Screw the abortion debate: Here's why a personhood amendment could mean armageddon

Personhood USA, a national pro-life group, is gathering signatures in Colorado (again) to secure a spot on the ballot for a voter initiative to redefine the start of a person's life as the first point of biological development.

Weird, right? You have no idea.

Most people think abortion rights established by Roe v. Wade is the greatest thing at stake if the amendment makes the grade. But this effort jeopardizes far more than that: It actually threatens to alter time and space as we think we know it. We could very well be spiraling toward the apocalypse.

What the religious folk scouring the streets for your signature don't realize is they're toying with a force far greater than any divisive abortion debate. They are, in fact, working to set forth a series of events that will alter the course of human history.

Seriously, think about it.

If the law defines a person as such at the time of biological development, that means mommy, just like the guys in those new Old Spice ads say, is "more than one thing." She's two things -- two people to be exact. Which means that when she finally gives birth, the other thing -- ahem, person -- will be nine-months old.

And therein lies society's impending doom. If we're all nine months old at the time of birth, everything from our driver's licenses to our drinking laws to our elections will be altered. We will be nine months older, though our technical birth days will remain the same.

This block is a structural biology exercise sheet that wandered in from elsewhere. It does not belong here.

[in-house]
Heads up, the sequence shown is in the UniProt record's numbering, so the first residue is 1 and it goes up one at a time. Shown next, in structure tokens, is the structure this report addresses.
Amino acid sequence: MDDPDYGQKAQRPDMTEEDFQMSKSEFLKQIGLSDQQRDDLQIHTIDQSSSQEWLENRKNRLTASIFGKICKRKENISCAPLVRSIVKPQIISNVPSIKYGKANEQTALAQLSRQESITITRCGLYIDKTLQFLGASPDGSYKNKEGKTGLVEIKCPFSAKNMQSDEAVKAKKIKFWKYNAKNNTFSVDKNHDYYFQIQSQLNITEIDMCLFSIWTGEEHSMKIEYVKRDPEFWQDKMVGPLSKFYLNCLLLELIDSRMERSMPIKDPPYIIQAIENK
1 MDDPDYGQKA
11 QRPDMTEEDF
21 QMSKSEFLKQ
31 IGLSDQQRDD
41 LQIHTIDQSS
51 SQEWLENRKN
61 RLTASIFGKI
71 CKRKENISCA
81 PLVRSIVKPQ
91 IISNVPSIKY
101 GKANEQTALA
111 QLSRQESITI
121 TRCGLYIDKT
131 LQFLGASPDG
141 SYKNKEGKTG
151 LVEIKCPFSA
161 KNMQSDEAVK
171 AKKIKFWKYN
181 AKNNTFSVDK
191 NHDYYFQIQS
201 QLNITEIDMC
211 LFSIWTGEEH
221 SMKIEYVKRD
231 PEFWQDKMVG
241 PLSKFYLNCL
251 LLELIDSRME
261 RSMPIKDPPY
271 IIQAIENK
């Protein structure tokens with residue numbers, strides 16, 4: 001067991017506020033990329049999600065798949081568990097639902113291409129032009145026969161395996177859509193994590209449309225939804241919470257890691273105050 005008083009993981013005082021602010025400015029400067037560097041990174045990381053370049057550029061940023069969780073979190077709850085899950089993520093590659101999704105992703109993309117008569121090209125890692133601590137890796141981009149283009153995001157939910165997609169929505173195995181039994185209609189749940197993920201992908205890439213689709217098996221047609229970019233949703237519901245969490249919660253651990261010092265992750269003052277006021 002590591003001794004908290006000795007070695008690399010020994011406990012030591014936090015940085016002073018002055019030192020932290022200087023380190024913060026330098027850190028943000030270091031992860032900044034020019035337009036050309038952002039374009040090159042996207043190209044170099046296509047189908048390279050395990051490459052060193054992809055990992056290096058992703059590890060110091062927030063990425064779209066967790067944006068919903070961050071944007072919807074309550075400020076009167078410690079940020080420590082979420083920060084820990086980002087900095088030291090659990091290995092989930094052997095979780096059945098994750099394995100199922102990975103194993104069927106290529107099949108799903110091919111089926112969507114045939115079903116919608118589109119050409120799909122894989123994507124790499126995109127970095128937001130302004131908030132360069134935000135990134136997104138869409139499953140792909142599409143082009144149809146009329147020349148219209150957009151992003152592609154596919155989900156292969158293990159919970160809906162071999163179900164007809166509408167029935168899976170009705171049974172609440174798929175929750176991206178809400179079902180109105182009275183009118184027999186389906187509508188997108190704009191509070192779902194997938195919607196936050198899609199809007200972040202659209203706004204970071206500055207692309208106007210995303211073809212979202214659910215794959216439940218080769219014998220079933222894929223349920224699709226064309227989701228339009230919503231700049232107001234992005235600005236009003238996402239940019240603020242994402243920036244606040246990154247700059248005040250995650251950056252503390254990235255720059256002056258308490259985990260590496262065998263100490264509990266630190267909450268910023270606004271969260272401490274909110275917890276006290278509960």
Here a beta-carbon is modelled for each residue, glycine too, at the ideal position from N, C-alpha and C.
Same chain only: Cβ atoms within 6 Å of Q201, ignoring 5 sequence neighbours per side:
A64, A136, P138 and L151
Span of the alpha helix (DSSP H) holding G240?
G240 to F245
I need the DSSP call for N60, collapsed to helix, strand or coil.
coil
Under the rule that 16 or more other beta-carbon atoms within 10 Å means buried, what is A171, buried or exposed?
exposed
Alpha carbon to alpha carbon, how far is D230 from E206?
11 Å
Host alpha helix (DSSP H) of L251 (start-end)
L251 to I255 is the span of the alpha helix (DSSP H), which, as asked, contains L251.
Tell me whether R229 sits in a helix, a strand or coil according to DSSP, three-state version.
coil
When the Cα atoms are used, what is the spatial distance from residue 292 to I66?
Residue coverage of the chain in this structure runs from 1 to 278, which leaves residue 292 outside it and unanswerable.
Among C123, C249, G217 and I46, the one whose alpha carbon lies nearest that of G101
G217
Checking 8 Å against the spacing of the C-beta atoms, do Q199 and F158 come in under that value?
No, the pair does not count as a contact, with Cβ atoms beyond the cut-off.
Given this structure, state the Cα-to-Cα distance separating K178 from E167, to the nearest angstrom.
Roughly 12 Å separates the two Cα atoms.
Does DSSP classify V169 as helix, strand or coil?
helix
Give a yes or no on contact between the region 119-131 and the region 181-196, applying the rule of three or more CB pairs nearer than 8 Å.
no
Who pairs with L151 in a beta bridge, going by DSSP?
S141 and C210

This measure, starting with uprooting our entire bureaucratic infrastructure (and especially the executive branch), could cause a butterfly effect, the results of which cannot even be fathomed. But hey, some Coloradans might be able to legally drink sooner, if you're into the whole levity thing.

In this brave new world, the unborn traveling abroad must first get passports (the high definition fetus picture-taking industry is really gonna boom), half of your kid's class will be moved up a grade, early retirement could be even earlier, and children can emancipate sooner. There will be anarchy in the streets!

Will an expecting couple now have to buy an extra movie ticket? Can a pregnant mother now use two one-customer-per-day coupons at the grocery mart? And what does this mean for airline tickets and HOV lanes? The possibilities are endless, especially if twins, triplets, etc., are added to the mix.

And then there's the 2010 Census. At the very same time Personhood USA volunteers are canvasing, the census workers blocks away might want to stop writing in pen. Think of the overlooked persons.

And what if we look at the potential repercussions retroactively? For example, I and millions of others were just nine months short of being able to vote in the 2004 presidential election. In this bizarre alter-universe, many of the younger ideologues disaffected by the George W. Bush doctrine who voted Democratic in 2008 could have done so sooner, and Senator John Kerry might have been elected president. In that situation, would President Barack Obama have been known as nothing more than that smooth talker from Illinois?

It's exhausting just thinking about the possibilities. All things considered, this ballot initiative could very well send us tap dancing on the proverbial land mine. Whether or not you are pro-life, pro-choice, anti-life, anti-choice or however you wish to frame it, think of the future. Not to be anti-progressive, but for the sake of the fabric of time and future generations, maybe unborn children should stay non-people.

If this sounds crazy, maybe that's because it is. Still, person to person, a person may be a person no matter how small. This depends, of course, on which classical theorist, religion or Dr. Seuss book you follow. But maybe if we're going to take on the abortion issue, it's best to not go in through the semantic back door.

It's just an idea for, you know, the future of all humankind.


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